Neighborhoods Attractive To Millennials Will Grow Detroit’s Economy
If Detroit wants to attract more companies and jobs to downtown, city planners need to focus on creating livable, walkable neighborhoods where people in their 20s and 30s can afford to live. Talent is driving where companies locate, so if Detroit creates neighborhoods that attract young professionals, employers will follow, said John Waller, Gensler managing director and senior associate in the Detroit office, at Bisnow’s Detroit State of the Market event last week.
Gensler is advising the city on how to make this happen. With clients worldwide, Waller said Gensler can be bring a global perspective to Detroit’s redevelopment efforts.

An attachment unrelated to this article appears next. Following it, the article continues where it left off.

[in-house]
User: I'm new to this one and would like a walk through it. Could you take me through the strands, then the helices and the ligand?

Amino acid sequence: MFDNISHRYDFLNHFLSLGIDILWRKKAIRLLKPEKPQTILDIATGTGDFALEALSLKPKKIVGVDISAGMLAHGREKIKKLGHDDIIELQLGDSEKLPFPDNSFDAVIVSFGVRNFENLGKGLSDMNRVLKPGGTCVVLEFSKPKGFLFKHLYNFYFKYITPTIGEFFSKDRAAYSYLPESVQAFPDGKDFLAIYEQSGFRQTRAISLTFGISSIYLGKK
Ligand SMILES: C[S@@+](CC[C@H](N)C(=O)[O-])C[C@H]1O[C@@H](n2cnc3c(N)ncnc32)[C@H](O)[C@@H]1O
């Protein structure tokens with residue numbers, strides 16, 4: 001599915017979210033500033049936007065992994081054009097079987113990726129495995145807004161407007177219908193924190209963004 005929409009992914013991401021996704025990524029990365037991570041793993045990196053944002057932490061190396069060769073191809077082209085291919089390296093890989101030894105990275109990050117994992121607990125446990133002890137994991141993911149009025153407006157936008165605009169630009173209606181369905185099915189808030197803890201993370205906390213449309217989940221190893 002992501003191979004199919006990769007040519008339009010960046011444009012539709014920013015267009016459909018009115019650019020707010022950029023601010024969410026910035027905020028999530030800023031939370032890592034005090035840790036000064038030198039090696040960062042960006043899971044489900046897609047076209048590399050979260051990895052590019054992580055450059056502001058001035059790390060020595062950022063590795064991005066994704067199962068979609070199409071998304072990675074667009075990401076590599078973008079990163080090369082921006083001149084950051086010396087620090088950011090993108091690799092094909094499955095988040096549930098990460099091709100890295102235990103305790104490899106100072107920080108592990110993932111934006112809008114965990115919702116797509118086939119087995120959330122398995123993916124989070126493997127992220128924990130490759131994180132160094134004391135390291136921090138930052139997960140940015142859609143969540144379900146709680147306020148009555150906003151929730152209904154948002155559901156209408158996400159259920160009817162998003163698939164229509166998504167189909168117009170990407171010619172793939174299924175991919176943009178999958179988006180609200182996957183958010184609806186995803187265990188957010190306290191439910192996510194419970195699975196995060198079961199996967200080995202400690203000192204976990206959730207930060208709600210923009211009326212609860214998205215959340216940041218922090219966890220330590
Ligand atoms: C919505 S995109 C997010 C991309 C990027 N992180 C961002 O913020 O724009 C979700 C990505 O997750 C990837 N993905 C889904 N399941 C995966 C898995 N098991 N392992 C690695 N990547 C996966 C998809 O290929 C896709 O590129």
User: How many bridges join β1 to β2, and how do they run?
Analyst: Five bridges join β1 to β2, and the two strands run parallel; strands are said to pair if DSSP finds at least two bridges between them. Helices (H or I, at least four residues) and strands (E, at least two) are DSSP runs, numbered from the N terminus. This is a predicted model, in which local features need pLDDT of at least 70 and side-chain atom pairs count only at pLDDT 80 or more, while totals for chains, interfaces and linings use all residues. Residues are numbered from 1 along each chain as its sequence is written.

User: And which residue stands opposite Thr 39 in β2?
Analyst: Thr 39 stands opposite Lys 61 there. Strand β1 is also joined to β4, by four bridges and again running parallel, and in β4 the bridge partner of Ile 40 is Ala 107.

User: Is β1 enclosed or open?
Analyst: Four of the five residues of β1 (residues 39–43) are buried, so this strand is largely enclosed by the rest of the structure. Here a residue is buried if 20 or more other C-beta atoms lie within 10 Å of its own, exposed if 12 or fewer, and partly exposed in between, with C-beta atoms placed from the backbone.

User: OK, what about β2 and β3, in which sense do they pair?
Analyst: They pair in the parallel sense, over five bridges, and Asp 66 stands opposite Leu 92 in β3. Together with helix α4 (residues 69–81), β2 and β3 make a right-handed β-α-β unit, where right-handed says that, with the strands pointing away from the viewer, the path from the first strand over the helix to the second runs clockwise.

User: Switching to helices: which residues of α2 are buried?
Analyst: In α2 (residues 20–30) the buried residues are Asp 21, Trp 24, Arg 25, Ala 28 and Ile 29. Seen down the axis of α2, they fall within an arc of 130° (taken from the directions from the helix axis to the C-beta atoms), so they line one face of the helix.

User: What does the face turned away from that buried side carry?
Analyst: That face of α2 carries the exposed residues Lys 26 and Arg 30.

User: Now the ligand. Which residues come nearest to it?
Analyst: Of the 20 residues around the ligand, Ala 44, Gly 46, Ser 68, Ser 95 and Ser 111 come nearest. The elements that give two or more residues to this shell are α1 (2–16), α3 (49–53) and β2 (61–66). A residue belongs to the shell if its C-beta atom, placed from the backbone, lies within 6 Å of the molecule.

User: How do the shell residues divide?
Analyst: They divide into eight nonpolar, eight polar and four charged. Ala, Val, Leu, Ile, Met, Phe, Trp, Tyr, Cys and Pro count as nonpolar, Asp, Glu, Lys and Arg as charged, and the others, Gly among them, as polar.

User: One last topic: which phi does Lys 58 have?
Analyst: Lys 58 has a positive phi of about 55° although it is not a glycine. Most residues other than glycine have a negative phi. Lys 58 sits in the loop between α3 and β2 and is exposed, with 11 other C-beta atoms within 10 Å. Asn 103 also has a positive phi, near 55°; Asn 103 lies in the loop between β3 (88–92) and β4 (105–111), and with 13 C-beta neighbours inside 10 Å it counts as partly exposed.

“We are working with the city to bring lessons learned from around the world on creating affordable neighborhoods," he said.
He said this will take partnerships with the right developers and contractors willing to create projects with three or four types of mixed-income units.
Benzinga founder Jason Raznick said small businesses are critical to developing desirable neighborhoods. Benzinga is a financial news service focused on investors.
"Detroit is very industrious, very entrepreneurial — it’s amazing what people are doing with food, everything from ginger tea to jams," Raznick said.
He said there is a tremendous opportunity to create small-scale, local retail storefronts in neighborhoods.
Unlike national brands, neighborhood retail services do not compete with Amazon, and they are not going away, as people still like browsing in stores and handling items before they make a purchase, he said.
“It's important moving forward for us all to be engaged,” Raznick said. “You might not make the most money in a neighborhood, but it’s critical for all of us be creating affordable and desirable places to live in or adjacent to downtown.”